Grievant has worked for the County as a Seasonal Maintenance Worker at various times from September 4, 2001 through and after January 11, 2006. He received some positive comments from the County for his work during those times. He began work as a Campranger on May 11, 2006. By memo to all Camprangers of September 11, 2006, seasonal work after September 18, 2006 and to October 31, 2006 was offered to Grievant and other Camprangers to do general maintenance work. The memo also noted that performance reviews would be held on September 18, 2006. Grievant indicated his willingness to do the seasonal work and effective September 19, 2006 began performing the seasonal work.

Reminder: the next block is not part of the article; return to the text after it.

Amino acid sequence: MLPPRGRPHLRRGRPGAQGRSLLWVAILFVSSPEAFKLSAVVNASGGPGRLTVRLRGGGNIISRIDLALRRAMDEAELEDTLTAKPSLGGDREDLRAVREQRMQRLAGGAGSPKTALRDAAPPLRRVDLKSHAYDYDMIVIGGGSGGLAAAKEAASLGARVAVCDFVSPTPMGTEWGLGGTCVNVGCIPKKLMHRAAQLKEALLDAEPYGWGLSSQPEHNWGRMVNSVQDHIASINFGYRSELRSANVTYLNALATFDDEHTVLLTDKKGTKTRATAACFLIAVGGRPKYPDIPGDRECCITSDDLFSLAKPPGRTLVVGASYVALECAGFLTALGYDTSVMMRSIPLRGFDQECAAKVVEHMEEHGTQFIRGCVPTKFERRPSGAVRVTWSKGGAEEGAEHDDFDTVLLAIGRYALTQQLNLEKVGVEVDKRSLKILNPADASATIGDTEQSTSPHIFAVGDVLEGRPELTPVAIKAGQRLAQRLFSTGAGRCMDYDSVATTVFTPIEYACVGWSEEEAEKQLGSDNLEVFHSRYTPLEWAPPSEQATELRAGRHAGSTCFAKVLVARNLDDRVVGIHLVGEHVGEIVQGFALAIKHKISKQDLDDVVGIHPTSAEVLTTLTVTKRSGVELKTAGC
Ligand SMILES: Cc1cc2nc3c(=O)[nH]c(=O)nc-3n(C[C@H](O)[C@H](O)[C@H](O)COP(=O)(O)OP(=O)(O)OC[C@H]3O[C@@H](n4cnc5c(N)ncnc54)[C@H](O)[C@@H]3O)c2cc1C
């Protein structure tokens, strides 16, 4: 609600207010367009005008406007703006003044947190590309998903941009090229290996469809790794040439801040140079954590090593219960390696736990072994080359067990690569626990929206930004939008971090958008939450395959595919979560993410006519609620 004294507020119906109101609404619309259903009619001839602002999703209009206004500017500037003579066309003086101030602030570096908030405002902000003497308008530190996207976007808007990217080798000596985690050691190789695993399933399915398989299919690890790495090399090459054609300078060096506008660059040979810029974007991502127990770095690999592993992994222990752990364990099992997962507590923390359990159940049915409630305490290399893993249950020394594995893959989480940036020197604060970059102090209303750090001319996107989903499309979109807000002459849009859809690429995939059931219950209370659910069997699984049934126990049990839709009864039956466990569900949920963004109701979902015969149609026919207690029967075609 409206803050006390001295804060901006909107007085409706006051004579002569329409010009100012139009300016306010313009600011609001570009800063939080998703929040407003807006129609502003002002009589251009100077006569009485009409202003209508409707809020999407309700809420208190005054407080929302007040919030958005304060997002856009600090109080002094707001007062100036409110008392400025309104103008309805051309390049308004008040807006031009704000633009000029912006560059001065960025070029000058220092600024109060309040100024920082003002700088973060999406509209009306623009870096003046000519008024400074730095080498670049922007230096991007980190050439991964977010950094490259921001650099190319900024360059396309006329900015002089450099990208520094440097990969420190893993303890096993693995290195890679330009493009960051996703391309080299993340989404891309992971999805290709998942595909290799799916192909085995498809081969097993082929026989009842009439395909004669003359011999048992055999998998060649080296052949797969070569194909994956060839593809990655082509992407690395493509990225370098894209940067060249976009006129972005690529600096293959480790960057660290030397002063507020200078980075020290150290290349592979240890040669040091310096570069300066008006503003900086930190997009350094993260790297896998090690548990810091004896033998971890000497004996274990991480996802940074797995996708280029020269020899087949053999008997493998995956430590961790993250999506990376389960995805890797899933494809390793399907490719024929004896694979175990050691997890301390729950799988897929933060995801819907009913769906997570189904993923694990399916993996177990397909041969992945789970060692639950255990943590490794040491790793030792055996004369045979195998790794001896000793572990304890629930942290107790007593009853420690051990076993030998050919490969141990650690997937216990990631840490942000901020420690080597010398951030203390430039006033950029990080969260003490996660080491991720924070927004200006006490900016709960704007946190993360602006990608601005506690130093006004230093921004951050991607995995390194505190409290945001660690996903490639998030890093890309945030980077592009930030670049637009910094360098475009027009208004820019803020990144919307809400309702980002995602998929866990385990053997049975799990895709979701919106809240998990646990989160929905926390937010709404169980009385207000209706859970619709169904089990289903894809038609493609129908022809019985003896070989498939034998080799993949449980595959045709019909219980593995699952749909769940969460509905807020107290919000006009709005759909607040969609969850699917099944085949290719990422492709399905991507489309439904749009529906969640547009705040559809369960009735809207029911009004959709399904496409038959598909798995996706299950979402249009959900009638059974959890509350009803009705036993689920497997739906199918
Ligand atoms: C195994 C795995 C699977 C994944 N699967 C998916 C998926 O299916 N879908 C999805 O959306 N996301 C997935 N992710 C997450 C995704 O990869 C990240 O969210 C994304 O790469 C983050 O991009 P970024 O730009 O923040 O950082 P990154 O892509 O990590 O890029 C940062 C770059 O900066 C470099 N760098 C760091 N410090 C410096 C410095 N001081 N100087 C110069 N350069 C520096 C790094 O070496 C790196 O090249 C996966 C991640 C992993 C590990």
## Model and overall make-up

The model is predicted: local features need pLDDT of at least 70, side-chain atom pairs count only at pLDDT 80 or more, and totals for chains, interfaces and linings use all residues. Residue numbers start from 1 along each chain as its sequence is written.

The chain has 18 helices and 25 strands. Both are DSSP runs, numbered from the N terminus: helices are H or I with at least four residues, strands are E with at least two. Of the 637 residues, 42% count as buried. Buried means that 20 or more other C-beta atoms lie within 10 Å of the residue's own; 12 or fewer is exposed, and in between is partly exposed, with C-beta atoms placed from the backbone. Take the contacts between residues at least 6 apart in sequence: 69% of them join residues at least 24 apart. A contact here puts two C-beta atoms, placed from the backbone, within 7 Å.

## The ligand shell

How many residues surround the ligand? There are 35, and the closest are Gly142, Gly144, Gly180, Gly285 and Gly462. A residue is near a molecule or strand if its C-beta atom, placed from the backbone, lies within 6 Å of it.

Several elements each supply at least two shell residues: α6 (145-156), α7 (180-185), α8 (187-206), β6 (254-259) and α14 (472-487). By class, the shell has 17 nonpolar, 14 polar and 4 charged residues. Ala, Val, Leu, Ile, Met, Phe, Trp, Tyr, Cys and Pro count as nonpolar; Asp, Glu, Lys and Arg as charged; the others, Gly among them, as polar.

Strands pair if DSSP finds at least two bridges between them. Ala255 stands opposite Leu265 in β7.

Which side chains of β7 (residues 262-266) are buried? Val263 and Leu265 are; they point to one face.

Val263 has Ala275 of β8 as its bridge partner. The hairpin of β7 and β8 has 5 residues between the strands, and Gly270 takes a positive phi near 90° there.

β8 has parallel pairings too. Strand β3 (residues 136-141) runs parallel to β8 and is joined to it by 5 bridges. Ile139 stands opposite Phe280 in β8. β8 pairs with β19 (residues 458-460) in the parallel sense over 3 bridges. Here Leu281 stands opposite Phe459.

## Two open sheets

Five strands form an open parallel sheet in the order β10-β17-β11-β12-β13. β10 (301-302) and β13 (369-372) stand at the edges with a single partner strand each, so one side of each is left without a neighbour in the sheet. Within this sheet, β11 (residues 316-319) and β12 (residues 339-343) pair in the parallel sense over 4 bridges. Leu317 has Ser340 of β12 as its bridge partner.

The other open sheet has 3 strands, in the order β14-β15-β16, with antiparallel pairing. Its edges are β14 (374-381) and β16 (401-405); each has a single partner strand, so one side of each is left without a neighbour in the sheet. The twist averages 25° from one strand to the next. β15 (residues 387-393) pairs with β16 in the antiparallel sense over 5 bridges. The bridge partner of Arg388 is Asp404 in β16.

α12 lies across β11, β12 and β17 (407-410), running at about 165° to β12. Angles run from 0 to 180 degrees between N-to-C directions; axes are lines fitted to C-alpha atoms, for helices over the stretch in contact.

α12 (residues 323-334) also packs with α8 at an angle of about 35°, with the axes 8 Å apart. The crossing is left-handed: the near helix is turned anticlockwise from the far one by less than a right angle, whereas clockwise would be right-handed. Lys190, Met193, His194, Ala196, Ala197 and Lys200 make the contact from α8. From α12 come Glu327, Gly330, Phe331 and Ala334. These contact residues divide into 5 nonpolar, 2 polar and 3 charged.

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As a Campranger in 2006 he worked 1,199.25 hours before beginning the seasonal work. His performance review as a Campranger was held on October 13, 2006. Out of the ten listed performance factors he had three indicating need some improvement to meet requirements, six indicating meets position requirements and occasionally exceeds, and one indicating usually exceeds position requirements. There were no indications of performance is unsatisfactory and must improve to remain in position, and none indicating consistently and substantially exceeds position requirements, or Demonstrates leadership skills in this area. He initially had some communication issues with some Camp Hosts, former Camprangers who are volunteers working at the camp grounds. Grievant's Lead Worker disputed, at the hearing, a statement in the evaluation that Grievant did not have good communication with the Lead Worker. The Lead Worker also testified that he had also recommended Grievance for a Maintenance Worker position. A performance improvement plan and goals for the following year were part of the evaluation. Grievant understood from statements of the Department Administrator during the evaluation that he would be invited back the following year. No one from the County told Grievant in September or October 2006 that he had passed or not passed the discovery or probationary period. The County Director of Human Relations testified, at the hearing, that this was a substandard evaluation.